The percent of positive tests is 13.5%.
3,503 people are currently hospitalized with COVID-19. That's up significantly from 3,342 on Tuesday.
That number has been climbing since the beginning of July.
There are 856 adult ICU COVID-19 patients in North Carolina right now.
416 confirmed COVID-19 patients have been admitted in the last 24 hours.
During a Wednesday news conference, doctors from multiple Wake County hospitals discussed the impact of the latest COVID surge on hospital capacity, mental health and staffing issues.
Dr. Timothy Plonk, Emergency Department Medical Director of Duke Raleigh Hospital, explained that wait times are higher than they have ever been, lobbies are full and there are more people to care for due to the Triangle being a fast-growing region.
Many of the doctors encouraged anyone with illnesses to find the best care for themselves early and to explore options like their primary care provider or an urgent care facility before heading to an emergency department, if possible.
"Our patients are a little sicker, oftentimes very sick. And our staff is working harder. And our lobbies are full. Our wait times are higher than they've ever been at Duke Raleigh," Dr. Plonk said.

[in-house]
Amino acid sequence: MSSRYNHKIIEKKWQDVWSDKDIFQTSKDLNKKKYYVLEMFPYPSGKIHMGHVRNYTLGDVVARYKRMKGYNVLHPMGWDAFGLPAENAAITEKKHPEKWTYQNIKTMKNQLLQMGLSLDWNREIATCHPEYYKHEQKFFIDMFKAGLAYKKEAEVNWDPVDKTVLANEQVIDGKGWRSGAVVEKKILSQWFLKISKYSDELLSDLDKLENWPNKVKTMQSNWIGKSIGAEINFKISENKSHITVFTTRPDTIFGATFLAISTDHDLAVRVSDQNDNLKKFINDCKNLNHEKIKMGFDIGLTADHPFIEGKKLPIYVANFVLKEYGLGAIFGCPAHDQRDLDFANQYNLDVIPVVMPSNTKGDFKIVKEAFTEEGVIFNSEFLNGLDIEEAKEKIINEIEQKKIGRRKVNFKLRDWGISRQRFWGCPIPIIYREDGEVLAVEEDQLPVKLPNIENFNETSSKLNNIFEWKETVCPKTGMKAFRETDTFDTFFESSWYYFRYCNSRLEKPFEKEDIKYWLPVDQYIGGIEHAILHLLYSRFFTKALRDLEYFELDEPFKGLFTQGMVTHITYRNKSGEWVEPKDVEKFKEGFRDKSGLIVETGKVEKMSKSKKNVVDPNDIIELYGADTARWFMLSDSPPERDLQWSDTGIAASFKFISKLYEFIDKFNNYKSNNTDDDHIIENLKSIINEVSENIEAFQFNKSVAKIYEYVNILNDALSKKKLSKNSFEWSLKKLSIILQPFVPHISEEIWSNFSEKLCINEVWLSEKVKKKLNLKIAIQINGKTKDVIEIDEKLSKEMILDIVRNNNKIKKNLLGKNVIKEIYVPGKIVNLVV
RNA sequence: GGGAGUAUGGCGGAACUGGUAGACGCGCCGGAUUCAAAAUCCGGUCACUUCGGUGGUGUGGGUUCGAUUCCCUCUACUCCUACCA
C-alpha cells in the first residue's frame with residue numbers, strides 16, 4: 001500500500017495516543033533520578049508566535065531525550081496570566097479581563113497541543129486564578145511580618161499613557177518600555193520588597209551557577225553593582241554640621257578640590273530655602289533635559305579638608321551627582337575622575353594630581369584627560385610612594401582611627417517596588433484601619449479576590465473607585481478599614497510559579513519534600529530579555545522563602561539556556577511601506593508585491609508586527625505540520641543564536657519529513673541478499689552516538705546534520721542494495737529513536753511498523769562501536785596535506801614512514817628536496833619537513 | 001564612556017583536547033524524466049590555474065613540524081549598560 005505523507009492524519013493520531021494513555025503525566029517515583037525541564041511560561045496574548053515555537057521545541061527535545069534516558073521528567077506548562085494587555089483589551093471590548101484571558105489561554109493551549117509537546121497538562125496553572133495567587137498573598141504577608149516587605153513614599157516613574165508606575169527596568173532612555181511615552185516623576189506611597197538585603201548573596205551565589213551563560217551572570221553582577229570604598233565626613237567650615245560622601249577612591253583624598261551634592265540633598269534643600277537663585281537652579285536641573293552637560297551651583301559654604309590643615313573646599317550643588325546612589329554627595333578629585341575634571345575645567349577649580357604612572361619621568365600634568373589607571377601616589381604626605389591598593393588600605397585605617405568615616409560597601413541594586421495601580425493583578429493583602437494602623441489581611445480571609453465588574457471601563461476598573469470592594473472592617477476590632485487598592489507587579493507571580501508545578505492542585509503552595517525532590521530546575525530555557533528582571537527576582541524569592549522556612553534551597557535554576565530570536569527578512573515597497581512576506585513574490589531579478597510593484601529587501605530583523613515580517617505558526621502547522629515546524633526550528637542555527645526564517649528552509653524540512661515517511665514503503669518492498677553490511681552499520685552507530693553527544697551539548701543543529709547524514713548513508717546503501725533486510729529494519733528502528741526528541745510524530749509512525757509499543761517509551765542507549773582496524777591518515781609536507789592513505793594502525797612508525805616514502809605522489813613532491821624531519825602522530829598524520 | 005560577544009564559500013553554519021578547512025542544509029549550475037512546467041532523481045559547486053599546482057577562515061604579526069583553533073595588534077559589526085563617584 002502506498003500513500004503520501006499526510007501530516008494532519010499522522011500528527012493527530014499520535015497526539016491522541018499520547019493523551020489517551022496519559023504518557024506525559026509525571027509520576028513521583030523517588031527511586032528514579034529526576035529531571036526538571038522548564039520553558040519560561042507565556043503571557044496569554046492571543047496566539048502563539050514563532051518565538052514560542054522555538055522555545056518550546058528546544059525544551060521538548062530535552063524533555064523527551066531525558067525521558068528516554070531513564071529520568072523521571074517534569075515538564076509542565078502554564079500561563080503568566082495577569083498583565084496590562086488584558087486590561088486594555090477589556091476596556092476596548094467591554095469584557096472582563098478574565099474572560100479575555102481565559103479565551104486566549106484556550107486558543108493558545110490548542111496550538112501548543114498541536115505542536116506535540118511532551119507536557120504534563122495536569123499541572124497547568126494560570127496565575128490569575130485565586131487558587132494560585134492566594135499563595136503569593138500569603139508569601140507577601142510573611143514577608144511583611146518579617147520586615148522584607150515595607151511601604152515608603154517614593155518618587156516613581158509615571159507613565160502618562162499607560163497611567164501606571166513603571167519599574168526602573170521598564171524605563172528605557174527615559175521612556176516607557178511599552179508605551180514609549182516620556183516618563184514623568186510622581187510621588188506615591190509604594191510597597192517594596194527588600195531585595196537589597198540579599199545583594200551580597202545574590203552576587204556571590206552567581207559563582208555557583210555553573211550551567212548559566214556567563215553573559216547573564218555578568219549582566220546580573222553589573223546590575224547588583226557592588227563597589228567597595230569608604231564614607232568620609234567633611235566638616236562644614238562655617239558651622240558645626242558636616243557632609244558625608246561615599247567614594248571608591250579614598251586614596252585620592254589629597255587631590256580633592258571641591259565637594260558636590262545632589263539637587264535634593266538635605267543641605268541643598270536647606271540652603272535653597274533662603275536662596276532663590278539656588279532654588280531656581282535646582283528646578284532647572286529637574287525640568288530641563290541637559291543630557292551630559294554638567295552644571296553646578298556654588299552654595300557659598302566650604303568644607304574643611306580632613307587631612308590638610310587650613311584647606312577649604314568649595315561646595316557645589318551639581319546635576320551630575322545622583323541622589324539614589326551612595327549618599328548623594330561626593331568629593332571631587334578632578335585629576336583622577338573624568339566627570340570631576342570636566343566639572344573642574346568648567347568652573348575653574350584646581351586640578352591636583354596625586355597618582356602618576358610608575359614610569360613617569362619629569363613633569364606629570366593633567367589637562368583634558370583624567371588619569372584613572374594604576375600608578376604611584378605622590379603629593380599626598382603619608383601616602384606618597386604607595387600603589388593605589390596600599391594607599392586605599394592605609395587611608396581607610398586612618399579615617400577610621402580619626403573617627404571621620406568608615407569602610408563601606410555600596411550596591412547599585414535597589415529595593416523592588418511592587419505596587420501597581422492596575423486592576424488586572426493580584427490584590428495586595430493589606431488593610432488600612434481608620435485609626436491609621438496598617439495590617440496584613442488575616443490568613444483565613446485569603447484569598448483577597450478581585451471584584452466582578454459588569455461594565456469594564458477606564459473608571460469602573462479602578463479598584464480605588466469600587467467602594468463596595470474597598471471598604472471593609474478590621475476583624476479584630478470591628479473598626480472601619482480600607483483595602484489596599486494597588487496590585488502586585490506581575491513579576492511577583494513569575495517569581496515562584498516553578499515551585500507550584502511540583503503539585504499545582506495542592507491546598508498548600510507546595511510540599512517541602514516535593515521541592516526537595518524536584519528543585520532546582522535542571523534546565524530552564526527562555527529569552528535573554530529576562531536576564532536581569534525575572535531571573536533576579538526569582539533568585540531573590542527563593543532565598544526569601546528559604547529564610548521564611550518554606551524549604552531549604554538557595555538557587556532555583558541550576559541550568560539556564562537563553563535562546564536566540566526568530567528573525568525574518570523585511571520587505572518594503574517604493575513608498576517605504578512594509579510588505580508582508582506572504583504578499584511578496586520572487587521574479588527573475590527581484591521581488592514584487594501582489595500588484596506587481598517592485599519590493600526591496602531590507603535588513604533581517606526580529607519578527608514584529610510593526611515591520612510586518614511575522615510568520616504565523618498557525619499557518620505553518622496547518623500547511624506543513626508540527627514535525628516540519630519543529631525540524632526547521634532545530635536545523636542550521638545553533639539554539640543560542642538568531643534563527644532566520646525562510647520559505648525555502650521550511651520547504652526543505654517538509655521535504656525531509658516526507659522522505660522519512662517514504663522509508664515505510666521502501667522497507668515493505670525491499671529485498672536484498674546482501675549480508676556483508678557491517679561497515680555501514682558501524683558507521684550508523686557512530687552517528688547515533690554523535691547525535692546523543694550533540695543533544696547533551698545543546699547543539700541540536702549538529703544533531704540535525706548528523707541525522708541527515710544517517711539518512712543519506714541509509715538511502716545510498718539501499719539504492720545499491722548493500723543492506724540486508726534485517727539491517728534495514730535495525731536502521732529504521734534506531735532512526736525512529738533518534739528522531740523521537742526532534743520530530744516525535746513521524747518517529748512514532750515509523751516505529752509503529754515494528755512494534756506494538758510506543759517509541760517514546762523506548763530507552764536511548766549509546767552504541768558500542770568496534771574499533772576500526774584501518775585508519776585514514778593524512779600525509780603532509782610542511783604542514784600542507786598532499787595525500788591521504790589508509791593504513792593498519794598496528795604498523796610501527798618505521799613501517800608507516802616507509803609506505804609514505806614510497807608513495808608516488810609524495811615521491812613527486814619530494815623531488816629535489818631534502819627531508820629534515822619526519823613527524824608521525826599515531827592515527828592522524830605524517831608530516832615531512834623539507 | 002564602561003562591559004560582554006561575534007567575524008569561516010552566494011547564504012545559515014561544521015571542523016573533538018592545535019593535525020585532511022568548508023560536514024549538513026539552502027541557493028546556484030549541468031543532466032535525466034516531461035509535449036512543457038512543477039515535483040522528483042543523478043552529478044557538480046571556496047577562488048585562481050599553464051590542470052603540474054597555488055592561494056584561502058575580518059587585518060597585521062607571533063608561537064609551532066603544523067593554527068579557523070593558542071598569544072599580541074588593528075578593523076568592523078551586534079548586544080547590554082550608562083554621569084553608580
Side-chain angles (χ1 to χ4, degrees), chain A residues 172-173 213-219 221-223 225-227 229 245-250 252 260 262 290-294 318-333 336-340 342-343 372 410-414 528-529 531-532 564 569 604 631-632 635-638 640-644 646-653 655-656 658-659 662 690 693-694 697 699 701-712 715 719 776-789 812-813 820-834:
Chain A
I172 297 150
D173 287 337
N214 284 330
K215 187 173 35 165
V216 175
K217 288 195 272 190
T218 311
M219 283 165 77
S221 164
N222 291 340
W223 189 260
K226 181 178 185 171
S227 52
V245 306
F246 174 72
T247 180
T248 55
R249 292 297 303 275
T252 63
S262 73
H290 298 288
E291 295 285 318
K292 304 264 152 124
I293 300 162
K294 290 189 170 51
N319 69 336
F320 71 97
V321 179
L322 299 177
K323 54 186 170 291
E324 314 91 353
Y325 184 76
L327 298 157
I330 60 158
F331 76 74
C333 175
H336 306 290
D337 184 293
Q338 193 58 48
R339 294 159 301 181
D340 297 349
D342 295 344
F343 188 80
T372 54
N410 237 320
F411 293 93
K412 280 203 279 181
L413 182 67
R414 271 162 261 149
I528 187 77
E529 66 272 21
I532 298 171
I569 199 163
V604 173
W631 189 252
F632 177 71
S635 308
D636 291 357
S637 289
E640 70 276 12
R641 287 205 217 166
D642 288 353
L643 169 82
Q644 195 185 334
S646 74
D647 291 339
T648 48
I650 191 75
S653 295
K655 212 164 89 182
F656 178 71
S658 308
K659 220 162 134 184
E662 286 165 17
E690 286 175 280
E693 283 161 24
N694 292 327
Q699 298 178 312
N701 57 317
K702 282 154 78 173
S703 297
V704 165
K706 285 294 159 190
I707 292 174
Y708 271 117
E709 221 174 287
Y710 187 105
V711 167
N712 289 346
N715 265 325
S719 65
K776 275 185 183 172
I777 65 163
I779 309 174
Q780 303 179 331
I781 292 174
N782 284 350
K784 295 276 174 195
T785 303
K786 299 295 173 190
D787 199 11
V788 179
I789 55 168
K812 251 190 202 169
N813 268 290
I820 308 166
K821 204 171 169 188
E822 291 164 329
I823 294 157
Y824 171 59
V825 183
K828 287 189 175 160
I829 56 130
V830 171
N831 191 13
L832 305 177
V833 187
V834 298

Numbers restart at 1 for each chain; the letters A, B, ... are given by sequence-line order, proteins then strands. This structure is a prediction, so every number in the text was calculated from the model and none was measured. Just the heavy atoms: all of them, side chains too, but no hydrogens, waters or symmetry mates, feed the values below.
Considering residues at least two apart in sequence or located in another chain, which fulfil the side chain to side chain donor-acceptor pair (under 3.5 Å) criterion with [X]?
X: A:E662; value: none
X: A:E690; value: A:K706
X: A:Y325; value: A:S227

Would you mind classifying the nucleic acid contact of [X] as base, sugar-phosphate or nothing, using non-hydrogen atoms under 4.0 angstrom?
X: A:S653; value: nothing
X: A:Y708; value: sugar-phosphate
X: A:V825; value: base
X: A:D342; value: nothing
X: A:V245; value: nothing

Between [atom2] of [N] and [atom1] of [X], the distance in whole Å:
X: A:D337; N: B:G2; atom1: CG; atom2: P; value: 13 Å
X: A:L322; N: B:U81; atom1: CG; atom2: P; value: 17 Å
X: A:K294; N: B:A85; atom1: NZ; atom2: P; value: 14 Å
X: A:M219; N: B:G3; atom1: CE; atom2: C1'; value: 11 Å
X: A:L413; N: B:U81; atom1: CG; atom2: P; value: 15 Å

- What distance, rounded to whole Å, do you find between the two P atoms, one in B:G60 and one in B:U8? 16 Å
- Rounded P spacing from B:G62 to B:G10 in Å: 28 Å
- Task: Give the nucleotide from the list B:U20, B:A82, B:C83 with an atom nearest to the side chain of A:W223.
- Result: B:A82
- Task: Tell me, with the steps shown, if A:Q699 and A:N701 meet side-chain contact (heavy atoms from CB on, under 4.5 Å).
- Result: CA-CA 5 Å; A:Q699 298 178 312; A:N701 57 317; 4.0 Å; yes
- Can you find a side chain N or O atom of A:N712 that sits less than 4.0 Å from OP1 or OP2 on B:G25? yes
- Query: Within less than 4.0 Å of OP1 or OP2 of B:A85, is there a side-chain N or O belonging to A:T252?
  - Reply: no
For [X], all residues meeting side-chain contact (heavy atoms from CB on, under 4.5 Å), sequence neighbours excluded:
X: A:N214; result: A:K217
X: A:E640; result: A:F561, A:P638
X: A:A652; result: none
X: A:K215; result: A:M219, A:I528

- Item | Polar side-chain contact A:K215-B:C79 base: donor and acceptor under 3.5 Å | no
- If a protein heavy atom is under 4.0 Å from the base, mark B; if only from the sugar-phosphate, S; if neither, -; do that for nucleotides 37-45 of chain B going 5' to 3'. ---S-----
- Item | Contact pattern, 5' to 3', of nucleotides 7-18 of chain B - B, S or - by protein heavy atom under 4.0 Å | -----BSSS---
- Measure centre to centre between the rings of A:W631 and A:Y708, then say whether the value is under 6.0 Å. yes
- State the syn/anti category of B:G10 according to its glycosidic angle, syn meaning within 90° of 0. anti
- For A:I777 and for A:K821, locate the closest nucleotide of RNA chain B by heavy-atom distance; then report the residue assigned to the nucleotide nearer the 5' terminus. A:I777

Dr. Plonk noted that COVID is not the only thing crowding hospitals. He said people who have chronic conditions who have not been able to care for themselves like they had been pre-pandemic are also part of the admitted patients.
People have lost jobs and family members or have had changes in primary care in the past 18 months. According to Dr. Plonk, these gaps in resources have been created by the pandemic that would otherwise keep them healthy.
Dr. Micah Krempasky, of WakeMed, said there has been a 40% increase in people experiencing depression and anxiety compared to pre-pandemic numbers.
Krempasky said some cases are so severe and cannot manage themselves in the community, leading to them requiring emergency care. There is currently a shortage of in-person psychiatric beds, leading to people waiting in the emergency department.
UNC REX's Chief Medical Officer Dr. Linda Butler said the hospital is caring for more patients with less staff.
As of Wednesday, she said, the hospital had over 500 patients. It's a 439-bed hospital but she said there were 520 patients. She added that the ICU beds are also full.